A U.S. drone aircraft struck suspected militants in Pakistan's tribal areas on Wednesday, breaking a five-month pause in the attacks, Pakistani security officials said.
Officials said the unmanned aircraft fired two missiles, hitting a car and a house in the North Waziristan tribal area Wednesday evening.
It marked the first strike by the CIA-run U.S. drone program in Pakistan since Christmas, according to the independent New America Foundation, which tracks the incidents. The strikes, which peaked at well over 100 in 2010, have dramatically decreased due to Pakistani opposition and tighter Obama administration guidelines on their use.
The strike came less than two weeks after U.S. Sgt. Bowe Bergdahl, who had been held captive by the Taliban in North Waziristan, was freed in a prisoner exchange. His release has raised the prospect that the U.S. might increase the pace of drone attacks against the Taliban and the Haqqani network, the allied militant group that held Bergdahl.
Retired Marine Gen. James Mattis, former commander of U.S. Central Command, said in an interview with CNN's "State of the Union" earlier this week that U.S. officials used to fear that an operation against the Taliban or Haqqani network could result in Bergdahl's death.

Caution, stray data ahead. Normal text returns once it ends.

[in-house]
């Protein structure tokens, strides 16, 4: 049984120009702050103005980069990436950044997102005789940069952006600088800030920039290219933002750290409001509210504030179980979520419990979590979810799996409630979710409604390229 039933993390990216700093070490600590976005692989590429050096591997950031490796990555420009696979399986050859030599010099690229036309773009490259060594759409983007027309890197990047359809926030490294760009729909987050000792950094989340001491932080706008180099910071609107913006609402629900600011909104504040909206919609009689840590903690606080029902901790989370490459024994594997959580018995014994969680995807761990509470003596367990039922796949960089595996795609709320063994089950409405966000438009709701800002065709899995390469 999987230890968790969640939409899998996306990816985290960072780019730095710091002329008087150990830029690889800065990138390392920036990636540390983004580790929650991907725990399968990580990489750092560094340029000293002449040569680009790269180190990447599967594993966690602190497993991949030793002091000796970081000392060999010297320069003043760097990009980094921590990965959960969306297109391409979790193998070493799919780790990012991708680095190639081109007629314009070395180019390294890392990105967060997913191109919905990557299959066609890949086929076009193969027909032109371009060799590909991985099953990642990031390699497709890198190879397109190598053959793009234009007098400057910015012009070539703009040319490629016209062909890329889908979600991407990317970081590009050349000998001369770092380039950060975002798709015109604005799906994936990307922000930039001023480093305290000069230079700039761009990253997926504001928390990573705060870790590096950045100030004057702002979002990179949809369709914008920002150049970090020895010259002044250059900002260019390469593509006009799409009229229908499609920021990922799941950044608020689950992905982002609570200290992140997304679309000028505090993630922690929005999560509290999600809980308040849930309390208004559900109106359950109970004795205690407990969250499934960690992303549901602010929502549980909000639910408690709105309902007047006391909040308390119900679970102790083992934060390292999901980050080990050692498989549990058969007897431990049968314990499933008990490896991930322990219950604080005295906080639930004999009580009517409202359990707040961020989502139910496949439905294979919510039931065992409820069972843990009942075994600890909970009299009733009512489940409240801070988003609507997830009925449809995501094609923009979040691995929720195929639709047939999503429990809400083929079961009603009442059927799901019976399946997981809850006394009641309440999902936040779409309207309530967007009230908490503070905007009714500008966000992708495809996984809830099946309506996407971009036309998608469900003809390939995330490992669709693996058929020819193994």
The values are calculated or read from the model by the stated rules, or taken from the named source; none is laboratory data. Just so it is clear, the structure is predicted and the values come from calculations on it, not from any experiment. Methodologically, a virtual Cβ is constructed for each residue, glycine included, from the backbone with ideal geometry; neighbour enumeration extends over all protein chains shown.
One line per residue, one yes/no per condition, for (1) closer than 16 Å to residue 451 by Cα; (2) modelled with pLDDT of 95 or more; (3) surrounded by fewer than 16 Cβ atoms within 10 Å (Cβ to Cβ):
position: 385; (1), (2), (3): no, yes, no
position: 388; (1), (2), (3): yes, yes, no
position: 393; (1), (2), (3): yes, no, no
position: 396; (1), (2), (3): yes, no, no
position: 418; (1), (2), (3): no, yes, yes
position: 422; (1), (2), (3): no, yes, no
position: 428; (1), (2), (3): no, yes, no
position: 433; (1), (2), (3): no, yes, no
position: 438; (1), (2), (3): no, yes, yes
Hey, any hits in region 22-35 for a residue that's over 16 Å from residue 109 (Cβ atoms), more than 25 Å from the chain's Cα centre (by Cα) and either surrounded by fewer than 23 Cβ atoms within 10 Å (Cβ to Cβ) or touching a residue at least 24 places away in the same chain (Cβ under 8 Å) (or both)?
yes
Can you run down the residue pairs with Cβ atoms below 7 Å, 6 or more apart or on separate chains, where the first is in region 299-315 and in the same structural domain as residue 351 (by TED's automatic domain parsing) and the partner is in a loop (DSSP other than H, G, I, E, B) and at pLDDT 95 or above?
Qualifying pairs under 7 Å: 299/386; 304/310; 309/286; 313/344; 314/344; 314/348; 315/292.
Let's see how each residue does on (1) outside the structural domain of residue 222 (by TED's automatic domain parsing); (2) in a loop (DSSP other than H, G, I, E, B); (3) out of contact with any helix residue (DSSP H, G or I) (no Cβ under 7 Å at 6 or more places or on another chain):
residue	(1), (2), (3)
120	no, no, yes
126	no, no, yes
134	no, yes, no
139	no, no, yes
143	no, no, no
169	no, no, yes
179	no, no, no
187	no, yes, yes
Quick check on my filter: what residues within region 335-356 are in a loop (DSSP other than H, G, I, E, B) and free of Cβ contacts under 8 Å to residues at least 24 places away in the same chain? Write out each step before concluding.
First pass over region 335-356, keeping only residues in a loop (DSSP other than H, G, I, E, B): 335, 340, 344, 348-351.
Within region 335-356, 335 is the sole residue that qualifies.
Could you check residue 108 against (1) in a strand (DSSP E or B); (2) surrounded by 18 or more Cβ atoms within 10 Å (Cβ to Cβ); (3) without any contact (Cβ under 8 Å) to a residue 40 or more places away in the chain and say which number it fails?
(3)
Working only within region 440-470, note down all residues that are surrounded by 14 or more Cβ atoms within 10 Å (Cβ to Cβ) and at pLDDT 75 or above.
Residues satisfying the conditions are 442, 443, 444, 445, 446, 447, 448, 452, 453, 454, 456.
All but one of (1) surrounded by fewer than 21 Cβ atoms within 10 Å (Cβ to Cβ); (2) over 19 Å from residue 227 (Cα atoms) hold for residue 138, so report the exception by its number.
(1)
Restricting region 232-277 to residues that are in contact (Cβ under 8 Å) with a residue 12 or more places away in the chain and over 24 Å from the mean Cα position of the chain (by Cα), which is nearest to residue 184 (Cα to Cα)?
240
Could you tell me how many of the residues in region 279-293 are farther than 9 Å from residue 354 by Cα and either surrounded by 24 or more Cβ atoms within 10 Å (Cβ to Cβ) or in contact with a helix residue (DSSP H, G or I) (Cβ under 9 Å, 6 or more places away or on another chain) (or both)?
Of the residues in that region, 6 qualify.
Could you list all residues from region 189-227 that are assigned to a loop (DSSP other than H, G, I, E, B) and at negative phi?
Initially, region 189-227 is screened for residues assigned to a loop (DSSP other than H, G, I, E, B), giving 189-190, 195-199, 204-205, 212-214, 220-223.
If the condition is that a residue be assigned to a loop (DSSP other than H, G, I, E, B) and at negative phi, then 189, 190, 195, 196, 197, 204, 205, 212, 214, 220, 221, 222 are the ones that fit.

"We no longer have that concern they have this pawn they can play against us," Mattis said.
Residents reached by telephone Wednesday night said that drone aircraft continued to hover over North Waziristan throughout the day. The missile strikes were heard some 15 miles away from the blast site in the village of Tabbi, said Muhammad Khalil, a resident of the town of Miramshah.
Four Uzbek nationals were reported killed, but that could not be independently verified.
Also Wednesday, an Uzbek militant group based in Pakistan's tribal areas said it participated in a deadly raid on the airport in the Pakistani city of Karachi that left 36 people dead, including 10 assailants. The SITE Intelligence Group, which monitors militant activity, said the claim was published on the website of the Islamic Movement of Uzbekistan, one of many Islamist organizations operating in lawless northeast Pakistan, the Associated Press reported.
Pakistani officials had earlier said that some of the militants who participated in the Sunday night attack, which shocked the country and forced the closure of its largest air hub, were of Uzbek and Chechen origin.